Objective: To assess changes in outcomes of coronary artery bypass graft (CABG) surgery in New York since 1989, when the State Department of Health began collecting, analyzing, and disseminating information regarding risk factors, mortality, and complications of CABG surgery. These new data stimulated specific quality improvement activities at hospitals throughout the state.
Design: A clinical database was used to identify significant independent risk factors and to assess risk-adjusted provider mortality rates.
Setting: All 30 hospitals performing CABG surgery in New York during the period 1989 through 1992.
Patients: All 57,187 patients undergoing isolated CABG surgery who were discharged from New York State hospitals in 1989 through 1992.
Main outcome measures: Actual, expected (from a logistic regression model), and risk-adjusted in-hospital mortality.
Results: Actual mortality decreased from 3.52% in 1989 to 2.78% in 1992. Because average patient severity of illness increased, risk-adjusted mortality decreased even more--a decrease of 41% from 4.17% in 1989 to 2.45% in 1992. The risk-adjustment model performed well; there were no clinically or statistically significant differences between actual and predicted numbers of deaths at any of 10 levels of patient severity.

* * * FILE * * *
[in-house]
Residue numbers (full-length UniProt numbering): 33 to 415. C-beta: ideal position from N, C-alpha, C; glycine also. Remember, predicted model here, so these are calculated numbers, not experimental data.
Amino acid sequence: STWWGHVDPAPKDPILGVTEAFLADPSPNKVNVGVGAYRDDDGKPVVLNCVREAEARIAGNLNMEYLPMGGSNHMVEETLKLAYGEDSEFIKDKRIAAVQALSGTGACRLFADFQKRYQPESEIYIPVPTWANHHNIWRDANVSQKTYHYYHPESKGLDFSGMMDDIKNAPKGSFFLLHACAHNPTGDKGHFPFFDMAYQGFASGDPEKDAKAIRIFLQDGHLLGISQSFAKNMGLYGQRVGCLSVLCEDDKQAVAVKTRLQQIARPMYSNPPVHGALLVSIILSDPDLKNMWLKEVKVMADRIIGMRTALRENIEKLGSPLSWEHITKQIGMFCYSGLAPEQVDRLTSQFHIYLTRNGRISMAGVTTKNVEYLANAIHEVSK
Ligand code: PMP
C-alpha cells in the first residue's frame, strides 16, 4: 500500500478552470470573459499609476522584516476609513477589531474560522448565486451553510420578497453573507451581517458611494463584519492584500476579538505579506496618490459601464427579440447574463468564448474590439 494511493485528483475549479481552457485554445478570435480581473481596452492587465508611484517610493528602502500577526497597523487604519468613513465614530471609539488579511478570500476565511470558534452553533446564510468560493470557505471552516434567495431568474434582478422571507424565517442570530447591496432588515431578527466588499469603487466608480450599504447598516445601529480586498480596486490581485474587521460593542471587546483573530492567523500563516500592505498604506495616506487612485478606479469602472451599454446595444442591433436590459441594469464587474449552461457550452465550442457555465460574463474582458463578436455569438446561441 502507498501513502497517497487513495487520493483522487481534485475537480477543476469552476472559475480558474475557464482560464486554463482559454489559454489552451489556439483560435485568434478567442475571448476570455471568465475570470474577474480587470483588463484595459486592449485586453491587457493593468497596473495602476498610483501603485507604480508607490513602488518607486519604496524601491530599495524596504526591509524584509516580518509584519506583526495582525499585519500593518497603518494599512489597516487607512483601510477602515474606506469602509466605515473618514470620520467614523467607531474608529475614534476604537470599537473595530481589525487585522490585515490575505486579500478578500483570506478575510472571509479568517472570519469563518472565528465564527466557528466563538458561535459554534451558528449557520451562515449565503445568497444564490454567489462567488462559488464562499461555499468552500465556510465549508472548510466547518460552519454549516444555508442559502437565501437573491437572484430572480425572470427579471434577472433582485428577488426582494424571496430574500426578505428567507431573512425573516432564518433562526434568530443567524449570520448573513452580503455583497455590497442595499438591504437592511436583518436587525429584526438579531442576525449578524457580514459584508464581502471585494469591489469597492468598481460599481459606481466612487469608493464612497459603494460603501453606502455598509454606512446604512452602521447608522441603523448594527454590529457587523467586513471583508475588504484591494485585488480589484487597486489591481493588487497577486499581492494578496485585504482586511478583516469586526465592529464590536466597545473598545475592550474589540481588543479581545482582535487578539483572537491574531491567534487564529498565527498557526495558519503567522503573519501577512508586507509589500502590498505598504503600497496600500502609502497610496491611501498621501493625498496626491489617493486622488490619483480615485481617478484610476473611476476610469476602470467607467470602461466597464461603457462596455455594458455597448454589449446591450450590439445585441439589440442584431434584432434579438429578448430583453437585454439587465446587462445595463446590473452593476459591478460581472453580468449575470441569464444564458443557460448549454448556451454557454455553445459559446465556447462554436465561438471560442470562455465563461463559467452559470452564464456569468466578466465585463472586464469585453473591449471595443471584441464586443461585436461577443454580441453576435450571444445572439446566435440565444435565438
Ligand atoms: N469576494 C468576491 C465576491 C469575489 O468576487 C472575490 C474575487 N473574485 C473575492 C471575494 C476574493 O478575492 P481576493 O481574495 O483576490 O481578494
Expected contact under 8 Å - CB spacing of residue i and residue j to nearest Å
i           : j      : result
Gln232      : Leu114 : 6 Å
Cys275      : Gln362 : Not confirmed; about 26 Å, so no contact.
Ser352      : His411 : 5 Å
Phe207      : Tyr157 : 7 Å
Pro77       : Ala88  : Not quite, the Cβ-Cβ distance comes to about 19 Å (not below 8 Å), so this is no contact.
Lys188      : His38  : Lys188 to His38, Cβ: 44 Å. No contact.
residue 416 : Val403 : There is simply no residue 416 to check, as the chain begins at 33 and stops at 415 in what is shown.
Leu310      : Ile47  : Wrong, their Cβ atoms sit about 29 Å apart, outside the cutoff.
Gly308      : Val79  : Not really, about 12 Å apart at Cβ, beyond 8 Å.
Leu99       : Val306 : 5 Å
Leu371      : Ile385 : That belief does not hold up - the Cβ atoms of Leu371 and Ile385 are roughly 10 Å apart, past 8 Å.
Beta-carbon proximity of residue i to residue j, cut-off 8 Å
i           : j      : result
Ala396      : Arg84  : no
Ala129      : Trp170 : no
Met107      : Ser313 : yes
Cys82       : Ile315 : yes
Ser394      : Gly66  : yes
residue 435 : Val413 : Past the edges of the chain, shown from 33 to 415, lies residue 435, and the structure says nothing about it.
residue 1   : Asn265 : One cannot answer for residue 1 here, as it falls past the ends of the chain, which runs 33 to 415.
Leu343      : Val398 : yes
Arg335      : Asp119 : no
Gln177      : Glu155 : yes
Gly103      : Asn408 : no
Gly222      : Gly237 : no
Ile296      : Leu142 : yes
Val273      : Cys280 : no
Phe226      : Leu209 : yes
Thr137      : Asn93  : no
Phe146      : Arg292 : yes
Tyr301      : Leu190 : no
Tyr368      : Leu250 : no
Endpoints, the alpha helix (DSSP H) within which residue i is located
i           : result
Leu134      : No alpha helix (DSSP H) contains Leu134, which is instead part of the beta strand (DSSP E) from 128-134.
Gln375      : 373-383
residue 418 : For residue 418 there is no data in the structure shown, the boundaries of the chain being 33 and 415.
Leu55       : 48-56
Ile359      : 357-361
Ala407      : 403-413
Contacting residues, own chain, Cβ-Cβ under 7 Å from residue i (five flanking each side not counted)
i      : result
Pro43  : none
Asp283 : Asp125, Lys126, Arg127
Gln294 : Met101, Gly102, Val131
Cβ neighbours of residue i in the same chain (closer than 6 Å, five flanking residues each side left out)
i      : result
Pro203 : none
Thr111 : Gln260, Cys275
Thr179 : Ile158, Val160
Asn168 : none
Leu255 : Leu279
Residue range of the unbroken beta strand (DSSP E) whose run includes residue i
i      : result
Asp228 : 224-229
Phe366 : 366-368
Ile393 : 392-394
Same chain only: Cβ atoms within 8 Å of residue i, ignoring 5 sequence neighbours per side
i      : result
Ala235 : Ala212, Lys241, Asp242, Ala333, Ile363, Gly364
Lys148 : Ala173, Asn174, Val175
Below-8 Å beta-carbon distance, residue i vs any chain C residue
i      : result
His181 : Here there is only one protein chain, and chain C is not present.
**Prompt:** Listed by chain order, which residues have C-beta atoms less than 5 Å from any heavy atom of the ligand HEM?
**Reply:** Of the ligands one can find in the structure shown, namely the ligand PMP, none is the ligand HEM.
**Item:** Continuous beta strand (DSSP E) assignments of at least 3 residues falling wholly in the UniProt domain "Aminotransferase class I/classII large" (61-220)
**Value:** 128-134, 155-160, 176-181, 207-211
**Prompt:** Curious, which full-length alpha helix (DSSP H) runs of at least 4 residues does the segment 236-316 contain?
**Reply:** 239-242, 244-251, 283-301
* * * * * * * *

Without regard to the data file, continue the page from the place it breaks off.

Conclusions: We believe that this quality improvement program, based on the collection and dissemination of risk-adjusted mortality data for CABG surgery, played a significant role in the observed decline in the death rate from this procedure. Quality improvement programs based on similar principles for other procedures and conditions should be undertaken.